"A child's learning is the function more of the characteristics of his classmates than those of the teacher." James Coleman, 1972

Wednesday, April 26, 2006

Kelly Girls Hired for High Stakes Test Scoring

In Florida as in Ohio, it seems that the courts may be the last recourse for getting some light shed on the money lust driving the ed industry's sleazy affair with elected officials charged with the education of America's children. Not only is McGraw-Hill hiring temps to score the FCAT, but now it would appear that there is enough doubt about the truthfulness of McGraw-Hill's claim regarding their qualifications to warrant a lawsuit:

Senate Democrats sued Education Commissioner John Winn on Monday, saying his department violated Florida's public-records laws by not releasing information on people who grade the Florida Comprehensive Assessment Test.

The suit, filed in Leon County Circuit Court by Senate Minority Leader Les Miller, D-Tampa, and Sen. Walter "Skip" Campbell, D-Fort Lauderdale, requests more information on a contractor's use of low-wage, temporary employees to grade the high-stakes Florida Comprehensive Assessment Test.

Kelly Services, a temporary-employment firm subcontracting with test developers CTB/McGraw-Hill and the state, put out a call in February for 300 temporary workers in the Lake Mary area to grade the FCAT. The Department of Education said more than 50 percent of the scorers were teachers or had teaching experience.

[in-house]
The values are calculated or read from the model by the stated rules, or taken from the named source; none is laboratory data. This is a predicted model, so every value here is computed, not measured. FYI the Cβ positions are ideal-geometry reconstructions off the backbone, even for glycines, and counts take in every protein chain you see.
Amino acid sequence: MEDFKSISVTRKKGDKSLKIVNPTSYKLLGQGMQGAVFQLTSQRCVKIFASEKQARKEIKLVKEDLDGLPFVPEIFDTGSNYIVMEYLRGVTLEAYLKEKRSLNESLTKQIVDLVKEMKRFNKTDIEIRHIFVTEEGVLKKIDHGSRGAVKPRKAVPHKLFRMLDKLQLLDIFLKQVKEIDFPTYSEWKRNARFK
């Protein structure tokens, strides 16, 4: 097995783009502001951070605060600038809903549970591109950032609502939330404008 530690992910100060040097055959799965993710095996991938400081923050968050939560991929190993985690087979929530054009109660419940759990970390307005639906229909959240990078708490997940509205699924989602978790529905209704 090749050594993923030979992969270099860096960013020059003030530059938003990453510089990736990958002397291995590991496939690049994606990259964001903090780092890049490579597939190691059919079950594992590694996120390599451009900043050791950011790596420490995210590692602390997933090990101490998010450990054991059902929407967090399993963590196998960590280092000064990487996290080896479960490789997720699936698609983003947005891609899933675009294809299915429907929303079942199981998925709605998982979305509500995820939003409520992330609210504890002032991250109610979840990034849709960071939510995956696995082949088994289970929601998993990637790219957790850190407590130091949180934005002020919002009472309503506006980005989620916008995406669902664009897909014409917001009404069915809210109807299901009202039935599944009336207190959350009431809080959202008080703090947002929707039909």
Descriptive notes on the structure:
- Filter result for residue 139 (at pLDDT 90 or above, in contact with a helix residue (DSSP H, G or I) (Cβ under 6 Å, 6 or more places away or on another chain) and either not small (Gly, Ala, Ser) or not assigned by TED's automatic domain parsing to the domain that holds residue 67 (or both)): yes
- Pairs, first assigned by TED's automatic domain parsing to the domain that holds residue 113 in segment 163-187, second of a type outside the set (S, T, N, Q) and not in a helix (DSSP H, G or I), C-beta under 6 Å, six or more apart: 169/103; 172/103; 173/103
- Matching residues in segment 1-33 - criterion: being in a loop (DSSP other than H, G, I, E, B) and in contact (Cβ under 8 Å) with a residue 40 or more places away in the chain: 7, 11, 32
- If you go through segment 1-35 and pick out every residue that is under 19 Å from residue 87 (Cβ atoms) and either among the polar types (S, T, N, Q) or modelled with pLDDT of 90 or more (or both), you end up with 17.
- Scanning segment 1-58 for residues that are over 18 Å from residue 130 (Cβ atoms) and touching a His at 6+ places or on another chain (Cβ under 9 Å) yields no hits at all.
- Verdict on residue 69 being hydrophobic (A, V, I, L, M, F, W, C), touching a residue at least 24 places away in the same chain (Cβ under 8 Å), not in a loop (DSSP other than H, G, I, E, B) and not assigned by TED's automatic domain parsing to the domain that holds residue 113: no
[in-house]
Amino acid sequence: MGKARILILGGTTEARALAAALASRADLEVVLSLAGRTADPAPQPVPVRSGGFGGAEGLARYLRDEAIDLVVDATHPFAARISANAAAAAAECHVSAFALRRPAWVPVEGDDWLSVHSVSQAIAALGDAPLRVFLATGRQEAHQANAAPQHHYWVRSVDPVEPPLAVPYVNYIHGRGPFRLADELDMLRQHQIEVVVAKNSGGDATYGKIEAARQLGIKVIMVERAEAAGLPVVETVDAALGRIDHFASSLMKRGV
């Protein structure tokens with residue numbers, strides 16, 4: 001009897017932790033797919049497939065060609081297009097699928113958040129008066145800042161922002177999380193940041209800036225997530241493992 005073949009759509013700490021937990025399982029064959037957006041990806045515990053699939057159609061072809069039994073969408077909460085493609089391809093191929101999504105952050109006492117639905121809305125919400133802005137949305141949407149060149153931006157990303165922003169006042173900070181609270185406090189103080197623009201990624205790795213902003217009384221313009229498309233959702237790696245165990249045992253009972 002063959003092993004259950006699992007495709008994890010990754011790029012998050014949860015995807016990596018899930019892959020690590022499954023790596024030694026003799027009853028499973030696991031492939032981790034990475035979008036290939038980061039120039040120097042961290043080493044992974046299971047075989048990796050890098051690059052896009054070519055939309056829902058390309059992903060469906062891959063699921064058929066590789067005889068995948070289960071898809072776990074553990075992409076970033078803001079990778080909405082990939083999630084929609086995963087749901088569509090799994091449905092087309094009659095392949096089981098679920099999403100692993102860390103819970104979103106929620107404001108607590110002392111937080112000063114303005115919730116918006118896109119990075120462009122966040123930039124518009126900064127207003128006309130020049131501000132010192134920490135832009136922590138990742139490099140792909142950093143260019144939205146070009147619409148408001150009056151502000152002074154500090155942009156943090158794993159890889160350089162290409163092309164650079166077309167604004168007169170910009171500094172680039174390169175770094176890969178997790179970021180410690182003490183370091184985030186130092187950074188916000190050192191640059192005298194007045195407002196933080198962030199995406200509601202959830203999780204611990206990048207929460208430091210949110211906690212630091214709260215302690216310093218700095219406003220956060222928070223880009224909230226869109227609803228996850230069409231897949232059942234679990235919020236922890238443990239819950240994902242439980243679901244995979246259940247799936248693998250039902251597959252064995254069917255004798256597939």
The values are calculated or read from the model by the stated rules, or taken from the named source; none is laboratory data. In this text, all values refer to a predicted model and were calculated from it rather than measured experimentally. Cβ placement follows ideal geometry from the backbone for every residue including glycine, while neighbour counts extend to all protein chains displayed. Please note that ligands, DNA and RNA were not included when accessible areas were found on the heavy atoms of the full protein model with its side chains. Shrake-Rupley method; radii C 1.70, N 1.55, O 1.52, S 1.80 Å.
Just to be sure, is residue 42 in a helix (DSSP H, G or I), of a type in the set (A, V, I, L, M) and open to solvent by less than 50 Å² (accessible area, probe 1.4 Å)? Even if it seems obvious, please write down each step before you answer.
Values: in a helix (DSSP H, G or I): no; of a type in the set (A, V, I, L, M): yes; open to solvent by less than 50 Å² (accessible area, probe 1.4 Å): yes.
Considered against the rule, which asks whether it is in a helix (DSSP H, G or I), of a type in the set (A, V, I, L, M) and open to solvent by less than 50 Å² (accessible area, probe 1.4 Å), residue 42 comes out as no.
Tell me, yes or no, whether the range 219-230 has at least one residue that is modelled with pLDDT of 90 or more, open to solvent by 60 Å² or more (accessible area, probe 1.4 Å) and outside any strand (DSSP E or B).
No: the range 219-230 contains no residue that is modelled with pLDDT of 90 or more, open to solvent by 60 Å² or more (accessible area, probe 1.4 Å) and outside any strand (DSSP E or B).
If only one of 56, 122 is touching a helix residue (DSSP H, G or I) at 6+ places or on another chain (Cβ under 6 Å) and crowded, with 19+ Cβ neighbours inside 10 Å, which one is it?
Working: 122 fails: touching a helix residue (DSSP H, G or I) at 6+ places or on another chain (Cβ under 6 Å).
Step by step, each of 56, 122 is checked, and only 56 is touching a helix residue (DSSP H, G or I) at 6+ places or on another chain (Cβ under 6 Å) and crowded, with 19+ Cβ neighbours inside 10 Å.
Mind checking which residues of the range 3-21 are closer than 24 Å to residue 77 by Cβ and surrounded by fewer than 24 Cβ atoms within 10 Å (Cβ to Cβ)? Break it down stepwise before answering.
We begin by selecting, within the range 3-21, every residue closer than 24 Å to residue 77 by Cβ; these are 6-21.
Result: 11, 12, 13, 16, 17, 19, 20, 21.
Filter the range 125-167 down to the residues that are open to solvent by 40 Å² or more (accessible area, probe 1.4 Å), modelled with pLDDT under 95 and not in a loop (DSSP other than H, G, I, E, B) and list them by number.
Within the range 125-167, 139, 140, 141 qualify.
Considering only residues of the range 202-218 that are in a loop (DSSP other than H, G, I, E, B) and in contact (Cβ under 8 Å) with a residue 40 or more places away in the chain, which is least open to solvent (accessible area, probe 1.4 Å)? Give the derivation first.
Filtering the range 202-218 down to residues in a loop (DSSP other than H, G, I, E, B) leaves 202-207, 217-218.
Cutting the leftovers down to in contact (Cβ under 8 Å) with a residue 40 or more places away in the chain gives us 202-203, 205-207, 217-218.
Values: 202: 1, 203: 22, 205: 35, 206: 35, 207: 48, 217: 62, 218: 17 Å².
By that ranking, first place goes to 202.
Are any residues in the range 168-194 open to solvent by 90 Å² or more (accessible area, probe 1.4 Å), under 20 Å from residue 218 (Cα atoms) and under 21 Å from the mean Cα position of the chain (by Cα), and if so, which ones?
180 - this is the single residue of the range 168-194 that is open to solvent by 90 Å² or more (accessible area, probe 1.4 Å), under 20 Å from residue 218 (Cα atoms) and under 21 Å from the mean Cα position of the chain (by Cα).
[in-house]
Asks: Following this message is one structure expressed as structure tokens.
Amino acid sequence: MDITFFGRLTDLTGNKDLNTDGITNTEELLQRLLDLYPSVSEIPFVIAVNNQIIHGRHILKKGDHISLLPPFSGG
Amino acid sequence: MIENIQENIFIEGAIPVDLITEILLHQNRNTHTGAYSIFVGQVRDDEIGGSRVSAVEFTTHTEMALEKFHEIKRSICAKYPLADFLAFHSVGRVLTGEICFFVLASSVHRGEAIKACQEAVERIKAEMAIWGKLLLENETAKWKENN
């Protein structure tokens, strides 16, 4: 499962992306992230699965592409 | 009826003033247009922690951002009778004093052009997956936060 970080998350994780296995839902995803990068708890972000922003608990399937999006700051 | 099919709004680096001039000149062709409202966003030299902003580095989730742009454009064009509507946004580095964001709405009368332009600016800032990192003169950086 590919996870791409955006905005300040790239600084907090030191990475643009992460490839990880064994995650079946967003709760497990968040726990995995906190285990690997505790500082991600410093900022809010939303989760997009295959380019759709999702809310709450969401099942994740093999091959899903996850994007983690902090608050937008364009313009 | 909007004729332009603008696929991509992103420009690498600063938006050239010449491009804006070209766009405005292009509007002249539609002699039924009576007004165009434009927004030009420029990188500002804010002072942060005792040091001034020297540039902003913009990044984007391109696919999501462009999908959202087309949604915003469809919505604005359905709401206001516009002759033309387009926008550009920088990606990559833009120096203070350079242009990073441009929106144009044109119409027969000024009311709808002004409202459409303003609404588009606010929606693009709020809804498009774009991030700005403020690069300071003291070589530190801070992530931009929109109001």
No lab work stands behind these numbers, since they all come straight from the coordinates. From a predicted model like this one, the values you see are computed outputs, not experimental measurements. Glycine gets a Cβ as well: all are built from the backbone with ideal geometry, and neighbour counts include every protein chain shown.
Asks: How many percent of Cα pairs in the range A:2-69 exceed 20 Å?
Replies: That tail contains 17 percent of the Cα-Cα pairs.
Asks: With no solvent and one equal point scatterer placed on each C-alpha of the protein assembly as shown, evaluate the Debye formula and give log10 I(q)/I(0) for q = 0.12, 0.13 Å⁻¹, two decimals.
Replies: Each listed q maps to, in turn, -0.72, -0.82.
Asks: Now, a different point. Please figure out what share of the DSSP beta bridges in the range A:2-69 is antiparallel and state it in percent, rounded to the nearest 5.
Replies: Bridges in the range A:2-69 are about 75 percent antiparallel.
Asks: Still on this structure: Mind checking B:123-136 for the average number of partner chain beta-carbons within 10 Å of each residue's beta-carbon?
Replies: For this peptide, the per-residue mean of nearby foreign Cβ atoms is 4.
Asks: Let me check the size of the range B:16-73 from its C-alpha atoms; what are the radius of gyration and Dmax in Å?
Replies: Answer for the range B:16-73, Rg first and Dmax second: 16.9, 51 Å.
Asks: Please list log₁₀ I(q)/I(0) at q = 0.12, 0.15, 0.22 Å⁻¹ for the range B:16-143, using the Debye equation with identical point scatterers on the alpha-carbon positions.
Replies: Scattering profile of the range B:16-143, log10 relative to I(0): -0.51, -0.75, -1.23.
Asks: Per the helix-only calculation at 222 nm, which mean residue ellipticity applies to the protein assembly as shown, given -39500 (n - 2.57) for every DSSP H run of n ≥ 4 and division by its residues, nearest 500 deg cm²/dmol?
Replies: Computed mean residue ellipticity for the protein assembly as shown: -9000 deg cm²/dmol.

But a letter received by Miller's office Monday morning from the DOE made him doubt if the department knows anything about the graders' background.

The letter said that "because the names or other identifiers of the graders are not needed for the management of the contract the Department does not require CTB/McGraw-Hill to provide this information."

Miller said that's not good enough.

"The Department of Education lied to two senators," Miller said. "They told us that 50 percent of the people who graded the tests were retired teachers or had educated degrees, and now they don't know." . . . .

1 comment:

  1. I am not defending CTB on any point but this: I worked for them in 2001 through Kelly Educational and if you knew the rigor that they require before they will let an evaluator score, you wouldn't worry. I am more concerned about the test construction and some ambiguous questions than about the scorers: by far the majority are Masters level or above, [I hold a doctorate], they are trained with almost as manyhours as they score the exams, and proficiency levels are so strict that if you fall off even after you qualify, you are out of the session. You have to qualify for each set of exams from each area, and only the best are selected on top of minimum education requirements. The standards are so set and strict, that though I am a constant critic of public education and testing, I would have to say that McGraw Hill cannot be faulted on its scoring practices. ekb